The music from Domestic Blend, Saturday’s headliner for the Rabble Mill/Hear Nebraska concert, showed why they got top billing. Unfortunately, an approaching storm cut their show short. (Johnson Publications photo)
Early Saturday morning, the aromatic smoke from the BBQ cookers filled the area, as contestants finished up their pork, beef and chicken for judging that afternoon. (Johnson Publications photo)
Macy Coleman, left, and her dad, Dwight, make sno-cones to help Smokin’ attendees beat the heat. Vince Lee of Madrid chats with Dwight as they work. (Johnson Publications photo)
Dave Klinkhammer of Kimball, who operates as Klink’s Smokin’ Yotee, won overall first place again this year. He also took first in the baked beans contest. (Johnson Publications photo)
BBQ contest remains central to Smokin’ on Broadway
Smokin’ on Broadway began in 2016 with a simple idea of creating a barbecue contest in Imperial.
After another successful day of events Saturday, the coordinator of the third annual BBQ contest is thrilled with how the contest has remained central to the event.
Jack Schneider, who chairs the contest for the Chamber of Commerce, said experience and quality of the BBQ competition continue to grow.
“We had a lot more people who knew what they were doing this year,” Schneider said.
“I’m very pleased with the BBQ event and the camaraderie that is developing between the smokers.”
He said he’s already heard from two people who were here Saturday to observe the contest, and plan to enter next year for the first time.
There were five new contestants on Saturday, he said, as well as the six returners.
This year, 11 took part in the BBQ division with 11 also registered for the baked beans contest. Several did both.
Dave Klinkhammer of Kimball, who operates as Klink’s Smokin’ Yotee, repeated as the contest’s overall first place winner, and went home with the $750 cash top prize.
He also took first in the baked beans contest, and won another $100.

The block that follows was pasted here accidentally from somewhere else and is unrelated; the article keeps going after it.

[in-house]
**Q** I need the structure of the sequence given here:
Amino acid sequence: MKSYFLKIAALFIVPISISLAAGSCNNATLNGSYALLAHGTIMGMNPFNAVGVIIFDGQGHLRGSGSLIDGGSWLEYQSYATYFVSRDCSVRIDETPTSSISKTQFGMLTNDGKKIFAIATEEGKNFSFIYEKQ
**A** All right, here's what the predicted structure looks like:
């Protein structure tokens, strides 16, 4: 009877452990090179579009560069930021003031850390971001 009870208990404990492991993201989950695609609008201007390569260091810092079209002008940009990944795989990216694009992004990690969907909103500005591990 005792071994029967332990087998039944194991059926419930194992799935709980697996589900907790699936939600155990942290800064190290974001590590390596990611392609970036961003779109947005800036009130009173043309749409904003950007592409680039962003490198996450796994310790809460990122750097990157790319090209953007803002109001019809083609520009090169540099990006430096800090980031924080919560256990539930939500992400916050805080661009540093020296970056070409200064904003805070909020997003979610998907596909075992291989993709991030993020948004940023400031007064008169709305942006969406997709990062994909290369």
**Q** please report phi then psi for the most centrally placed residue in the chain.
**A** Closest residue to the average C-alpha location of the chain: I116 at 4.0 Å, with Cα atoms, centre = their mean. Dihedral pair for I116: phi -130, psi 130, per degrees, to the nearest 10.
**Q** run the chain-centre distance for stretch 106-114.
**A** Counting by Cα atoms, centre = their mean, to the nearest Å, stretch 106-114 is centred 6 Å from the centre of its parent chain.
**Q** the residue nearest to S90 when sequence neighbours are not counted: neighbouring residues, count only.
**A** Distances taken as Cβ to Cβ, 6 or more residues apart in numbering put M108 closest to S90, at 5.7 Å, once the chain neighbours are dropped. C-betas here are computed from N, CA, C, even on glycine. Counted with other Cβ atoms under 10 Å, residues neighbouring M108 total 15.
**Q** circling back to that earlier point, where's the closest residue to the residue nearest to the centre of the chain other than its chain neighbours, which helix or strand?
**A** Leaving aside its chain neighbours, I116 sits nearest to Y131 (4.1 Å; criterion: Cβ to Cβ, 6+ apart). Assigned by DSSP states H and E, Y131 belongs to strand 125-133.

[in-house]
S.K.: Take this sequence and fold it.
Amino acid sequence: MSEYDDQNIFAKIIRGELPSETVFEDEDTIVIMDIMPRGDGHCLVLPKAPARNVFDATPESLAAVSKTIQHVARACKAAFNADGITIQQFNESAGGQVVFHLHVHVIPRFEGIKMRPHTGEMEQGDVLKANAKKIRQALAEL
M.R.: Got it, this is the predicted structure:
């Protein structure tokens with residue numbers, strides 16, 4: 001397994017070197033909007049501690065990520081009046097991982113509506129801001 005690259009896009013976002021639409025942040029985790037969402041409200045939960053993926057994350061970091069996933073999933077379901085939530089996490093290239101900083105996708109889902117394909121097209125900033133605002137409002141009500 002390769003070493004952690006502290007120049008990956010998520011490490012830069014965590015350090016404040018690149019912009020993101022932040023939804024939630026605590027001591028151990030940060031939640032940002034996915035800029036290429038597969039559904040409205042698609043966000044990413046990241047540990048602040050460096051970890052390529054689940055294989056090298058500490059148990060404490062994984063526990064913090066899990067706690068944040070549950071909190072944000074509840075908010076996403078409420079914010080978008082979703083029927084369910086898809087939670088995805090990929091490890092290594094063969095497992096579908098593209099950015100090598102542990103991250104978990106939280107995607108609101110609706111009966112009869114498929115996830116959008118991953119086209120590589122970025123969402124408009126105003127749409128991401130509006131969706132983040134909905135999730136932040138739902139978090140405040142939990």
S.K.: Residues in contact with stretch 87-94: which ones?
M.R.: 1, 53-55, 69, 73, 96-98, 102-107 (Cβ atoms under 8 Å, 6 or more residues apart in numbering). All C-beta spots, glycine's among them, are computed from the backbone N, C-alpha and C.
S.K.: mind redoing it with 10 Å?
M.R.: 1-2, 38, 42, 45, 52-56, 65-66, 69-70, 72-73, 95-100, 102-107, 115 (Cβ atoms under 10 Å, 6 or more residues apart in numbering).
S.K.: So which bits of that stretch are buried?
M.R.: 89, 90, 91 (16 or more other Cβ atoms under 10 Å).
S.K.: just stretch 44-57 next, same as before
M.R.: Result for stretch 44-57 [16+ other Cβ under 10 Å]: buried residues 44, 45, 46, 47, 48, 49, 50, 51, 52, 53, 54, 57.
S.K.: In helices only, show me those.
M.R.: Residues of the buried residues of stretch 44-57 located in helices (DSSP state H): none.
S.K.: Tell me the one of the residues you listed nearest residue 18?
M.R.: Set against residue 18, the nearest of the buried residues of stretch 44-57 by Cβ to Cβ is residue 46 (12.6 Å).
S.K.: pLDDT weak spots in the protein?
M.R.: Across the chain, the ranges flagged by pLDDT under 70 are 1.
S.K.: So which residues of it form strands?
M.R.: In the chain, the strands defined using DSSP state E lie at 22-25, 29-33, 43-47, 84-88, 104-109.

Schneider said Klinkhammer, who is also a caterer, is one of those who definitely knows what he’s doing.
“He’s an excellent cook and a really nice guy, too,” he said.
But, Schneider noted that Klinkhammer didn’t win by a big point spread. It was close.
In fact, in the four divisions that included brisket, pulled pork, chicken and pork ribs, Klinkhammer took second only in brisket.
Several smokers went home with cash prizes for first and second in the four divisions, spreading out the winnings.
Schnieder said that’s good to see, and shows how the competition is growing.
For each of the four divisions, judges stopped at each of the 11 smokers for taste-testing, then ranked that individual from 1-10 taking into consideration appearance, aroma, tenderness and flavor.
Scores were added up for the four divisional first and second place winners, doing the same with all four scores for the overall first and second.
Second place overall winners behind Klinkhammer were Marc Brown and Todd Pankonin of Benkelman, who competed as Bald Butts BBQ.
In each of the individual BBQ meat divisions, first and second place took home $100 and $50.
Beans were judged in a similar manner, with first and second winners also earning $100 and $50.
Thirteen different judges were used in the BBQ and beans judging.
After the judging was completed, people were able to taste samples of the smokers’ meat and beans. Despite the heat, a good number turned out for the taste-testing.
Schneider only sees the BBQ contest as getting better in the coming years.
He said a lot of it has to do with the smokers themselves.
“Everyone gets along so well. It’s one big group of folks who know what they’re doing and enjoy the relationships they developed with the other smokers,” he said.
Chamber committee member Chris Lee said attendance throughout the day reached 1,100, based on arm band distribution.
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